I am determined to get a blog post out tonight so here goes….
As I said in my previous post I had a problem with the sleeves and the collar, first off the the collar I misread the the instructions and it ended up about an inch and a quarter short, not too bad you say, and you would be right all it meant was that instead of folding over each other the met in the middle ( I thought I took a photo, obviously not) it was one of those things I knew would niggle at me so I changed it, at the same time I also decided that the dress was going to be too dark so I thought about piping.
The problem I had with the sleeve head was that there was far too much fabric in it, considering that it was supposed to be a nice smooth sleeve insertion, there was about 2 inches too much fabric, so I shaved a sliver off the whole sleeve head. It seems to have almost fixed my problem and a good iron should sort it out.
The piping was a lot easier than I thought, I tried googling it to start off with and watched a lot of people make cushions on youtube, full disclosure it was ready made piping.
bye for now
THe Walkaway dress, well we started it we put the three peices together then we put the bias binding on.
I can honestly say this was the most boring thing I have ever made, the other thing I would like to say is if Butterick sold so many of these patterns in the 50s where are they? I can’t help feeling that 1950s sewer had as much trouble with them as 2015 sewers and a lot of them went straight in the bin.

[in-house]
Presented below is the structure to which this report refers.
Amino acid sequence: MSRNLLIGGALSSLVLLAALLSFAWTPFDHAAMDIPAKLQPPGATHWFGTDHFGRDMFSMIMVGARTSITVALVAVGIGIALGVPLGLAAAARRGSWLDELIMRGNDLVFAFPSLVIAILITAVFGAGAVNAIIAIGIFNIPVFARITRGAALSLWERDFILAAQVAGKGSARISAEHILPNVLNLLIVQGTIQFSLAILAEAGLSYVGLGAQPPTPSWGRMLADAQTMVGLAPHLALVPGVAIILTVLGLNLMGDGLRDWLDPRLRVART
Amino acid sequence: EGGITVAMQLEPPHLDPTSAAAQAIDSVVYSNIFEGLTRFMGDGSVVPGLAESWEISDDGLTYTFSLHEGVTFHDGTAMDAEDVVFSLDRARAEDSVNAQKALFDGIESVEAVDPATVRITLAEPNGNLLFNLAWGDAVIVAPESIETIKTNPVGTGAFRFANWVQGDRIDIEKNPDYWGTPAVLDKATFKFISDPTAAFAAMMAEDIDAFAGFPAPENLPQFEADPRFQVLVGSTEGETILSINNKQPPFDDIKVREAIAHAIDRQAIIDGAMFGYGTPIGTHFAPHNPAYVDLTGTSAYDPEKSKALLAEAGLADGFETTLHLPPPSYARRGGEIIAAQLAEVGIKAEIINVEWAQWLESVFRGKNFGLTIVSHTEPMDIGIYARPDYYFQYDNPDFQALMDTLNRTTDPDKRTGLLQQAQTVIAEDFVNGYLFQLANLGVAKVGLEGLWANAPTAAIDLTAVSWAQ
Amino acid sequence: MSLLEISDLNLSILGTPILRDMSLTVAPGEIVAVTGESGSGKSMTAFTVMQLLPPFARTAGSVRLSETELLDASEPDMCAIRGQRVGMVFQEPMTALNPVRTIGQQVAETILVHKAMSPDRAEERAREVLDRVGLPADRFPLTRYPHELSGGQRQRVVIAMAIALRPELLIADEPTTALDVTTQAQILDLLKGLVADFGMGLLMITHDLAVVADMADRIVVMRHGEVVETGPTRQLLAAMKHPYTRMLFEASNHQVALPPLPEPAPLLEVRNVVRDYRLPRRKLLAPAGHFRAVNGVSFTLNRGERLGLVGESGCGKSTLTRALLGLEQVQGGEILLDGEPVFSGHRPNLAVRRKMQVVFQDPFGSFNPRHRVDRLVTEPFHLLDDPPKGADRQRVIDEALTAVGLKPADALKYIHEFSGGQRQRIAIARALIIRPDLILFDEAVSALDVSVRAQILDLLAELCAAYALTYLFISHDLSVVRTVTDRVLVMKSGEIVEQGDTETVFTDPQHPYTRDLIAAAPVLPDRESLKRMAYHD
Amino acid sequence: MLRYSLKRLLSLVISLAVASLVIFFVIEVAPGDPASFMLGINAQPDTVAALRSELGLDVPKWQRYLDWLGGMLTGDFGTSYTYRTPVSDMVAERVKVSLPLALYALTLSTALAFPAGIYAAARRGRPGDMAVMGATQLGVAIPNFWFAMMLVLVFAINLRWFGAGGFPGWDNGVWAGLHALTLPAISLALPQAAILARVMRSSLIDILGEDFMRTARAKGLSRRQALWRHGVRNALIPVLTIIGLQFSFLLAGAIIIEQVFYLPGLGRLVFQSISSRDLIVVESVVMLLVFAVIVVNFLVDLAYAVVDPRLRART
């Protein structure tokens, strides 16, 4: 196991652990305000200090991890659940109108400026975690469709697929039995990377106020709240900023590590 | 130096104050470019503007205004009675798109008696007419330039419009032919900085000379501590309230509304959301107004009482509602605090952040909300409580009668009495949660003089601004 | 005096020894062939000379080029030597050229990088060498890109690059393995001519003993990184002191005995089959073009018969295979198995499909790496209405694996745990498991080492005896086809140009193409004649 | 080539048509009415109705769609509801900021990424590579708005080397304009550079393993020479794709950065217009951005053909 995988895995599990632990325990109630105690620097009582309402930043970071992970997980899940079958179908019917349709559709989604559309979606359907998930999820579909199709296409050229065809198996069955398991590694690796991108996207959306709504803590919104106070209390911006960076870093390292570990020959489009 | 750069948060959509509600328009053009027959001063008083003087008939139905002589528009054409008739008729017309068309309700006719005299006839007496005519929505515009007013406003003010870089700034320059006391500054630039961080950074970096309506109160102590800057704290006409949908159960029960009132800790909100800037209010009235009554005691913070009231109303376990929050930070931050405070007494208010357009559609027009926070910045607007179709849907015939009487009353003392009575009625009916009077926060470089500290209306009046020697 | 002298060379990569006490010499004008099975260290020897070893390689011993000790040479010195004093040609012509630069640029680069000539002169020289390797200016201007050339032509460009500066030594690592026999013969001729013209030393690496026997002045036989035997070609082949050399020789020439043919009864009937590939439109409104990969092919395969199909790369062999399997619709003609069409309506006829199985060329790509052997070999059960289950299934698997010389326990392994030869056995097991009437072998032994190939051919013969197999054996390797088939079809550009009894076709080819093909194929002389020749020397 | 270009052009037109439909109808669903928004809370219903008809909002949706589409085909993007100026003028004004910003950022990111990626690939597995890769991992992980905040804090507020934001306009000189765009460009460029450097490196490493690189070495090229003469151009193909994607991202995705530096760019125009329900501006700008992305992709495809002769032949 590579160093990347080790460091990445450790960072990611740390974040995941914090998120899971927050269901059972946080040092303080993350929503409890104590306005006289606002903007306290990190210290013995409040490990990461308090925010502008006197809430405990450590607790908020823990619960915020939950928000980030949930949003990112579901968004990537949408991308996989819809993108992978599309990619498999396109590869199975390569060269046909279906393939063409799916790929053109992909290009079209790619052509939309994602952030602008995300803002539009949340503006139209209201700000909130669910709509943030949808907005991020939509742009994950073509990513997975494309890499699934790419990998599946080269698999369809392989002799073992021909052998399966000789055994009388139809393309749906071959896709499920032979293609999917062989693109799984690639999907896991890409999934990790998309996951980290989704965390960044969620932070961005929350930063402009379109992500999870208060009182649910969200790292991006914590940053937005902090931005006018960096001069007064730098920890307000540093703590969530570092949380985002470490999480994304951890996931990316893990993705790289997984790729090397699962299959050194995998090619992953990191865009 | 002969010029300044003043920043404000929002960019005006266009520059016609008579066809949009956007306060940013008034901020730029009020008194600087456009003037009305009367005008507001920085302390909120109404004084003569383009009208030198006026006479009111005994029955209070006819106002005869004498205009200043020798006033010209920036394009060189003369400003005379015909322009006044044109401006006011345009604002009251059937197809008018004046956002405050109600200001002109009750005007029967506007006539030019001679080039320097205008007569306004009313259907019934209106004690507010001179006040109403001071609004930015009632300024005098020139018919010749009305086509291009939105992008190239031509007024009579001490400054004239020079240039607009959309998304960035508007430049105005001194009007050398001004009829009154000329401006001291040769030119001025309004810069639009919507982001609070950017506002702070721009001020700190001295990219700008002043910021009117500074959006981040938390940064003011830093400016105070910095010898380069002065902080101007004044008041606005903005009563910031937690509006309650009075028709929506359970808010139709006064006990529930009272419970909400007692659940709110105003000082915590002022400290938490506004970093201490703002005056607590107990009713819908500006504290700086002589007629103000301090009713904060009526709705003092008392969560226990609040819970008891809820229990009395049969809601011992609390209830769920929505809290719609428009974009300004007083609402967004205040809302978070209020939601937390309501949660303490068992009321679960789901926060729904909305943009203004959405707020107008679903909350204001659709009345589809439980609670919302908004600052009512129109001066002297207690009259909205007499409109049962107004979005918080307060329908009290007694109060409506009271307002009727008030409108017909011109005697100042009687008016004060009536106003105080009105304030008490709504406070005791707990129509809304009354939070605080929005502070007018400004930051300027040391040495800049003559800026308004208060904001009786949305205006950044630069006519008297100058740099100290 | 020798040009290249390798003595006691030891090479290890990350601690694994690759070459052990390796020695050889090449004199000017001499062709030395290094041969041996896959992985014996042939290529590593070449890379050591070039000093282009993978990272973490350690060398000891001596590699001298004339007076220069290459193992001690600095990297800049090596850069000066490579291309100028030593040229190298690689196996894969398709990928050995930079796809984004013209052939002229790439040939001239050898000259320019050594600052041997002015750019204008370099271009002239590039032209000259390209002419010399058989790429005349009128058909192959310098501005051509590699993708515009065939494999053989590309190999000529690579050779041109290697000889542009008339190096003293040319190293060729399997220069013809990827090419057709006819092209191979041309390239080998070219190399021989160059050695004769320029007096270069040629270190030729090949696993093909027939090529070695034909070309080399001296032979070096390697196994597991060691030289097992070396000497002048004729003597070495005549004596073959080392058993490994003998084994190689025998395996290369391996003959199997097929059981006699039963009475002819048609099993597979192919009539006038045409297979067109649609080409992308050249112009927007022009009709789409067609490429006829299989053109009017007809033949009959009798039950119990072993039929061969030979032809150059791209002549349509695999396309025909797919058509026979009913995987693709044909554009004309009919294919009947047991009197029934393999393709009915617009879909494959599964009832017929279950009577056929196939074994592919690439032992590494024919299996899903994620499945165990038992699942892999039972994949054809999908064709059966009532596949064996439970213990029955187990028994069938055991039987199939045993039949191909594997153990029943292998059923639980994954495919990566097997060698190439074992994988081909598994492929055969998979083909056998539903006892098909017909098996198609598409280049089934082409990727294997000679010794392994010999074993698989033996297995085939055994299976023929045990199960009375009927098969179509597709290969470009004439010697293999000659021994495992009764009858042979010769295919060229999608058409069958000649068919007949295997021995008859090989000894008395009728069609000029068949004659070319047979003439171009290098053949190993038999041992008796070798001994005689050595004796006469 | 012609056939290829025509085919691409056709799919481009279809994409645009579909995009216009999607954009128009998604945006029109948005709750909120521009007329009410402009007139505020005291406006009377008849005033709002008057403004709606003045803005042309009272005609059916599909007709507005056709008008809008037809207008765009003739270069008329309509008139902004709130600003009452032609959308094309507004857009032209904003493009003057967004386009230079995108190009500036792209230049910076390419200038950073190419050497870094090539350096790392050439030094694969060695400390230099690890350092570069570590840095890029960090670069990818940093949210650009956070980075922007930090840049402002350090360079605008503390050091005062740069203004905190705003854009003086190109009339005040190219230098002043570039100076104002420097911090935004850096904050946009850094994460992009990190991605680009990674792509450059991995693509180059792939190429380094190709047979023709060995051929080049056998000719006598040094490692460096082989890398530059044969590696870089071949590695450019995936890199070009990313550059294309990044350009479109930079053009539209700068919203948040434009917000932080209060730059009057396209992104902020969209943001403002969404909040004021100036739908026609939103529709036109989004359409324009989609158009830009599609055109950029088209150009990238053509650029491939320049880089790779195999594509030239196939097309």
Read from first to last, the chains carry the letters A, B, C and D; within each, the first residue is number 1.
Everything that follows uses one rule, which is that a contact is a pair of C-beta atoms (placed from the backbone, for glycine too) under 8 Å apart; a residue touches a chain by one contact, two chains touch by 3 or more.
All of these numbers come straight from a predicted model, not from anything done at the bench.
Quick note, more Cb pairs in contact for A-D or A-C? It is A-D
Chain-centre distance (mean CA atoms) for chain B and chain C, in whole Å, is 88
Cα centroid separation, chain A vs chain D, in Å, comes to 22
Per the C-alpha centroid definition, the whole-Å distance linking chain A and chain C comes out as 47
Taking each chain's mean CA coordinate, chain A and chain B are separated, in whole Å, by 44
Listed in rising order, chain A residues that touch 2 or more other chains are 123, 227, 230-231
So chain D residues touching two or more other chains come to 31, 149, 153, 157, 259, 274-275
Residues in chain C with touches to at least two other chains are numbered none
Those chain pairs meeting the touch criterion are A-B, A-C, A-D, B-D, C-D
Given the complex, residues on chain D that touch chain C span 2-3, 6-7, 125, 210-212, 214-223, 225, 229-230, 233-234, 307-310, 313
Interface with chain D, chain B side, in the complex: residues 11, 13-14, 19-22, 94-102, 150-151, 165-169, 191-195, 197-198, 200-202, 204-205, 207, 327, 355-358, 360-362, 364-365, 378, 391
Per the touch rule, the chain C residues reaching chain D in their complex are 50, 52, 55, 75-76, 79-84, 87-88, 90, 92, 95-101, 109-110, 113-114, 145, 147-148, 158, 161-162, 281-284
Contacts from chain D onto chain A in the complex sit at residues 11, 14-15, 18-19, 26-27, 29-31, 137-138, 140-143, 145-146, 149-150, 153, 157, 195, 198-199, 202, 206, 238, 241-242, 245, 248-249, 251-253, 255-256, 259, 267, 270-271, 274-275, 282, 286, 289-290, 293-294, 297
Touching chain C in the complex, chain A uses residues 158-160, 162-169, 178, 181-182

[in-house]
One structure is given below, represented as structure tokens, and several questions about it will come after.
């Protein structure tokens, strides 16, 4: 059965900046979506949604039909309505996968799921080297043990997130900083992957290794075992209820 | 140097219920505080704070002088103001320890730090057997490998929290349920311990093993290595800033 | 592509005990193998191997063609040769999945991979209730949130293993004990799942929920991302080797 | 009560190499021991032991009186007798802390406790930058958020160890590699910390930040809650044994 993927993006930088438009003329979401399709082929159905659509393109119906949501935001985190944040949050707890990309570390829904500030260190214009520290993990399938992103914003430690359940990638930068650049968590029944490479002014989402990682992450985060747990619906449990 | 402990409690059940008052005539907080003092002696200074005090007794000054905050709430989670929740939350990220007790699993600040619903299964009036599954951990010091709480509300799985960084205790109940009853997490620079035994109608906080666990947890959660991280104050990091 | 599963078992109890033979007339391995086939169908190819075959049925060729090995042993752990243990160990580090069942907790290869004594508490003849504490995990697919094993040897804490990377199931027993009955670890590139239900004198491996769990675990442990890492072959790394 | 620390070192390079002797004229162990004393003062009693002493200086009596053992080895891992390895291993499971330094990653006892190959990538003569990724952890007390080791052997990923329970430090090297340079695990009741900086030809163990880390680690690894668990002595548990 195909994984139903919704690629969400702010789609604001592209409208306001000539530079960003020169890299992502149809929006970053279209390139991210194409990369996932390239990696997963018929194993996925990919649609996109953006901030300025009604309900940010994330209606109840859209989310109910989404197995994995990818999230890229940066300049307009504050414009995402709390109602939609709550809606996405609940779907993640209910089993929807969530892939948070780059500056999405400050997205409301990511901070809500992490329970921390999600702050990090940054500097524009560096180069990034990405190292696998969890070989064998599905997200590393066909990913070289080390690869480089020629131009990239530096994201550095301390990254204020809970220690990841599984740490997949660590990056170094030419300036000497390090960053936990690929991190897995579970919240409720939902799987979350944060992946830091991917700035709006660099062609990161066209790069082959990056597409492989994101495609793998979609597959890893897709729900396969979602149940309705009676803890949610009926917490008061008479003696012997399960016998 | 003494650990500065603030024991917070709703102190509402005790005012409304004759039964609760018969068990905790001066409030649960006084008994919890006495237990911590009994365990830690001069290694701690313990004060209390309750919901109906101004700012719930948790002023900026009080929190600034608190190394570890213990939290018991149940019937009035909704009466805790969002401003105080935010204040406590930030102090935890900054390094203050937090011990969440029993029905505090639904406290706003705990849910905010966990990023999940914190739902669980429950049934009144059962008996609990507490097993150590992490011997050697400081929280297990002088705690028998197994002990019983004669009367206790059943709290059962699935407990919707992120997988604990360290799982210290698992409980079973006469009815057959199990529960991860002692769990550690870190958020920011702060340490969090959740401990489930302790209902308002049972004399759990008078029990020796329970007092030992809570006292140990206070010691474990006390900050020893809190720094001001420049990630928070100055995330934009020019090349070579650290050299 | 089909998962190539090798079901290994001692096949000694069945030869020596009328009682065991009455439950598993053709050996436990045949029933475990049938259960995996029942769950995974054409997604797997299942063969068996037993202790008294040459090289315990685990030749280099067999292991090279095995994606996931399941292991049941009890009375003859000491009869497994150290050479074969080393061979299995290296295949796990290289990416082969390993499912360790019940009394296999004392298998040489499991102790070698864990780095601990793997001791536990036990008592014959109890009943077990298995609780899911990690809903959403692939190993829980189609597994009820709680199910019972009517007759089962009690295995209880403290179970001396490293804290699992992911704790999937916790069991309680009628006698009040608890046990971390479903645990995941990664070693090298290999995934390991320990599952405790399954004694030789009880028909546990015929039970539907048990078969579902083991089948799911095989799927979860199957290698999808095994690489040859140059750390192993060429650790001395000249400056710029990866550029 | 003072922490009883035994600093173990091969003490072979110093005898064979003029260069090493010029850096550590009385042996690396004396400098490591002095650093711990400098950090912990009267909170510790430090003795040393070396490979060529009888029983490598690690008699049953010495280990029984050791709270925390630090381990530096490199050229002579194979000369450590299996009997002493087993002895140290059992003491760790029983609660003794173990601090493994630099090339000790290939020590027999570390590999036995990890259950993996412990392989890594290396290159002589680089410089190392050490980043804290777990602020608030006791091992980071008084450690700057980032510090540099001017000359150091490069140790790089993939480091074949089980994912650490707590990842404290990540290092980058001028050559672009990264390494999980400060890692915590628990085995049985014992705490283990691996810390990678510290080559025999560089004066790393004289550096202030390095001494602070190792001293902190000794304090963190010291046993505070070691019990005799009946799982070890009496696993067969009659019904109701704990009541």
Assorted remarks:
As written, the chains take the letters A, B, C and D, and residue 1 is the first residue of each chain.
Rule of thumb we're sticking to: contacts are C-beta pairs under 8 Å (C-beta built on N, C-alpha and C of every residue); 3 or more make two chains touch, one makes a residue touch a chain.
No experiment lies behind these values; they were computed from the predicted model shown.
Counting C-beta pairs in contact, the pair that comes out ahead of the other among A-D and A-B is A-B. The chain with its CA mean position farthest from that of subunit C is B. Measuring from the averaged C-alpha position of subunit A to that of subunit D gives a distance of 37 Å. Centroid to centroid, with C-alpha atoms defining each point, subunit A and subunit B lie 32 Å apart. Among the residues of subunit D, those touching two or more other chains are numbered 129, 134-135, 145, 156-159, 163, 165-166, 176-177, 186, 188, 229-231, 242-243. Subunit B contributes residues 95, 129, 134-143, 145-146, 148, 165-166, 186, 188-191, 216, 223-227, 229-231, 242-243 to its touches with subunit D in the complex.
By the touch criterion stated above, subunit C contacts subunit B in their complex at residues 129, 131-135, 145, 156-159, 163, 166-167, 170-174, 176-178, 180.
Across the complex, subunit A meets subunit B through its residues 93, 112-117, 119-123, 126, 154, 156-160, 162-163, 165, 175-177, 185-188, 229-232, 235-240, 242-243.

I did learn a couple of things, I made my own bias binding for the first time, the print I used in the end was too busy for a shop bought binding, the binding looks great. I bought a bias foot for attaching it I found that it didn’t make it easier or harder to attach the binding, Denise found it a lot easier not to use the bias foot at all.
I read up a lot on the internet before starting this dress, I was particularly worried about Denise’s chest so we cut her upper chest size to start off with and graded out for the bust, it is still a little bit gapey around the sides but fits her shoulders, it is unfortunate that she has lost a few inches from around her waist since we cut it out so it is a bit big in that area we decided to just fold over the excess fabric.
The other thing I am assuming is that the 1950s pattern did not tell you to hang the dress for 24 hours before hemming, that would have completely put paid to the ‘start at breakfast, out for lunch’ slogan.
Hi, you might remember the Butterick 7556 and Butterick 7240
I managed to get out in garden this weekend and take a few photos, I gave you the dressmakers dummy photos but here are some full length photos.
The dress could have done with an iron but I didn’t want to miss the moment, the tripod does make a great deal of difference to the photos but I do have to try and get rid of the total look of concentration on my face while trying to use my iphone to remotely operate the camera.
I’m on a roll this weekend, after having the surgery on my shoulder and sorting the house out to be painted, I’ve been finding it difficult to get back into my dress making, but this weekend:-
I have finished a 70s dress apart from the hem, and managed to do some more on two other dresses.
here is the 70s dress
here is a close up of the collar, I bought the fabric at Kayes Textiles during the week, it is a £2.50 poly/cotton, it is a bit stiff but it gives the dress some body, hopefully if it is sunny during the week I’ll take some photos of me wearing it.
I also finished the bound button holes on this dress and restitched the bodice to the skirt
This dress I put the collar on the dress ironed on the interfacing and attached the cuffs to the sleeves